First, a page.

With the advancements in technology and the growth of industrialization, different manufacturers use collaborative robots in different ways, even for similar operations. Collaborative robots are highly flexible, making it easy to use them very differently in low-volume/high-mix manufacturing environments. This easy adaptability of cobots is what makes them popular.
If you are new to Collaborative robots, a cobot is a small industrial robot that can be used to automate different tasks in a company or manufacturing floor. It is made with user-friendly and safety features that make it safe to work next to human workers.
If you are thinking about automating your work environment using collaborative robots, working with a commercial vendor like Universal Robots gives you a chance to have professionals examine your work area to identify areas that can benefit from automation.
Finding the right place for a collaborative robot
Common jobs best suited for collaborative robots include highly repetitive tasks and high-risk jobs for human workers.
A simple online search will give you ideas of how other companies deploy collaborative robots in their spaces. Some of the areas that can benefit from the use of collaborative robots include:
CNC machine tending
You can use collaborative robots for picking and placing of unfinished parts in a CNC machine. This is one of the most repetitive tasks on a manufacturing floor that requires accuracy, making collaborative robots the perfect fit. Cobots can open and close CNC machine doors, making the process easy to fully automate.
Assembly and rotation
Collaborative robots can be used for parts assembly and rotation, making a job essier to complete by human workers.
Collaborative robots can also be programmed for injection molding machines tending processes.
It is important to understand why these areas require automation when deciding on the processes in your company that require robotic automation. The best processes to automate using cobots are those that present the best automation opportunities.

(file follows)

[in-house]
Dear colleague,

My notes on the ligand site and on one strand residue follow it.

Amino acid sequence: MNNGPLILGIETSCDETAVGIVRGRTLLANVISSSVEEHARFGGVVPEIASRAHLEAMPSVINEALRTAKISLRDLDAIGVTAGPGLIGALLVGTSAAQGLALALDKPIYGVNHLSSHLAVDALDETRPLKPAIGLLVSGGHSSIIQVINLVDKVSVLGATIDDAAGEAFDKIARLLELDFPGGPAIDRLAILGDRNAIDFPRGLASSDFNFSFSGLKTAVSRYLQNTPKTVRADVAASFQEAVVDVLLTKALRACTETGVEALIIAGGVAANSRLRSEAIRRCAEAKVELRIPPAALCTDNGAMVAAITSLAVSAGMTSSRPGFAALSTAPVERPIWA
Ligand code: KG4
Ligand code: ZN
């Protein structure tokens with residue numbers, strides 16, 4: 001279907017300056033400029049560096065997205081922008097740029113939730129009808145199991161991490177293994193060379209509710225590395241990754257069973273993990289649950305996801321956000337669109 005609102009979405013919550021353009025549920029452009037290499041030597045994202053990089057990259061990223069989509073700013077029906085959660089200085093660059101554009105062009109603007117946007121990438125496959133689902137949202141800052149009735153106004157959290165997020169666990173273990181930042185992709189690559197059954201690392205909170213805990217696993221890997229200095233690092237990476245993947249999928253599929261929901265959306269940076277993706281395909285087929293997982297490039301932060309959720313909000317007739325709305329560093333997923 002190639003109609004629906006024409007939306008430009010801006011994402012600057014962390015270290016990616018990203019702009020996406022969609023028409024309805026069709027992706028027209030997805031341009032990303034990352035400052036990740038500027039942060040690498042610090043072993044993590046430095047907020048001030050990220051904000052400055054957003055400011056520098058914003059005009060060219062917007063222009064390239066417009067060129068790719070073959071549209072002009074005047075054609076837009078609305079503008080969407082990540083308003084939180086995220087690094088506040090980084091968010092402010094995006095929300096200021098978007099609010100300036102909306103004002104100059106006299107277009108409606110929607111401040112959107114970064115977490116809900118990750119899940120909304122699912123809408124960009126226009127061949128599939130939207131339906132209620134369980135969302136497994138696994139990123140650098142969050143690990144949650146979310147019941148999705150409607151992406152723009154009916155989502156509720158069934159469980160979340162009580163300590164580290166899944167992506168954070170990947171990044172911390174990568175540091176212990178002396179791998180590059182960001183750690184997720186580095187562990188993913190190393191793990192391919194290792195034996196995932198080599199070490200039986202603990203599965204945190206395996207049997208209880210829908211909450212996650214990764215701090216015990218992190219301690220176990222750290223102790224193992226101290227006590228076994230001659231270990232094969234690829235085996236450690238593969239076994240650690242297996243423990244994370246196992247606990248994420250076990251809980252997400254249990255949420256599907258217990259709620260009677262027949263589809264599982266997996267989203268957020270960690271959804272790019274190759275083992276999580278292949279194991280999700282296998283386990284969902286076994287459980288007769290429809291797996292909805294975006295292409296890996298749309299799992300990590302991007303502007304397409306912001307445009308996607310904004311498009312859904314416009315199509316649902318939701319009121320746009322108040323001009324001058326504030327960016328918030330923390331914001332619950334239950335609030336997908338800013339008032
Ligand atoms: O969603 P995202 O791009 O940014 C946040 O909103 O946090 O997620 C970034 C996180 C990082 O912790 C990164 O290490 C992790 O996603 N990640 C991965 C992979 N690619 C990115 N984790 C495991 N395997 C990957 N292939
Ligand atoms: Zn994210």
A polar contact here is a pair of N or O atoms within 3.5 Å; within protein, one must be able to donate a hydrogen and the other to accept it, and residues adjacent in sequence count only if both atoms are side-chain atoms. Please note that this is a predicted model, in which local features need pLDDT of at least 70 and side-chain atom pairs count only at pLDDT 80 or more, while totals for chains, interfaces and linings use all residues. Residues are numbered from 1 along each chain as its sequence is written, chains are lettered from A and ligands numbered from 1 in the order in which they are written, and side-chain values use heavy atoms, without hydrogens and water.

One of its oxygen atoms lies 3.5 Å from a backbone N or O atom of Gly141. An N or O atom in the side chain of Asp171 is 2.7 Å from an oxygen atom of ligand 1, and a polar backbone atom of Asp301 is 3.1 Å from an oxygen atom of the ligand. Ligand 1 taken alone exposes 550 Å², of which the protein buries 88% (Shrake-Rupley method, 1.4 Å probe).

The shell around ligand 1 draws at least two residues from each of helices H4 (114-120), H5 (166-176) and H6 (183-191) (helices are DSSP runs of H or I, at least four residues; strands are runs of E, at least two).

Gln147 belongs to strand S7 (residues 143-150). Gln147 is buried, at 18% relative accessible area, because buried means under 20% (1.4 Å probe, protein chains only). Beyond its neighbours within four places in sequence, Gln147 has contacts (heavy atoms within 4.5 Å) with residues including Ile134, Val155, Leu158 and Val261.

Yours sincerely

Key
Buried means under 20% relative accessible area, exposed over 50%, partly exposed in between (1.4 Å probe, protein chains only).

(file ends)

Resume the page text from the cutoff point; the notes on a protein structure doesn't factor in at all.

Factors to pay attention to include:
- Processes that are time-intensive – collaborative robots are best deployed for time-intensive steps. Good examples include temperature sensitive materials and parts that require queueing. Automating these processes will free the human worker to work in other areas in the warehouse that require human labor to complete.
- Tasks that require multiple operators – collaborative robot are also ideal for tasks that require more than one human worker.
- Rule-based operations like sorting operations
- Repetitive motion processes
By assessing different areas that require automation, you are able to identify risks that has gone undetected and use collaborative robots can mitigate these risks.
How to prioritize
With many processes taking place in an industry, the best jobs to automate with collaborative robots are those that require reduction in labor time, movement, steps, and even costs. By understanding which areas require reducing, you are able to narrow down your options.
You also need to determine why you need to automate a process and quantify your goals and measure the possible success automation can bring. Also, consider available resources including time, funds, existing workers, training, and your workers’ ability to learn new skills.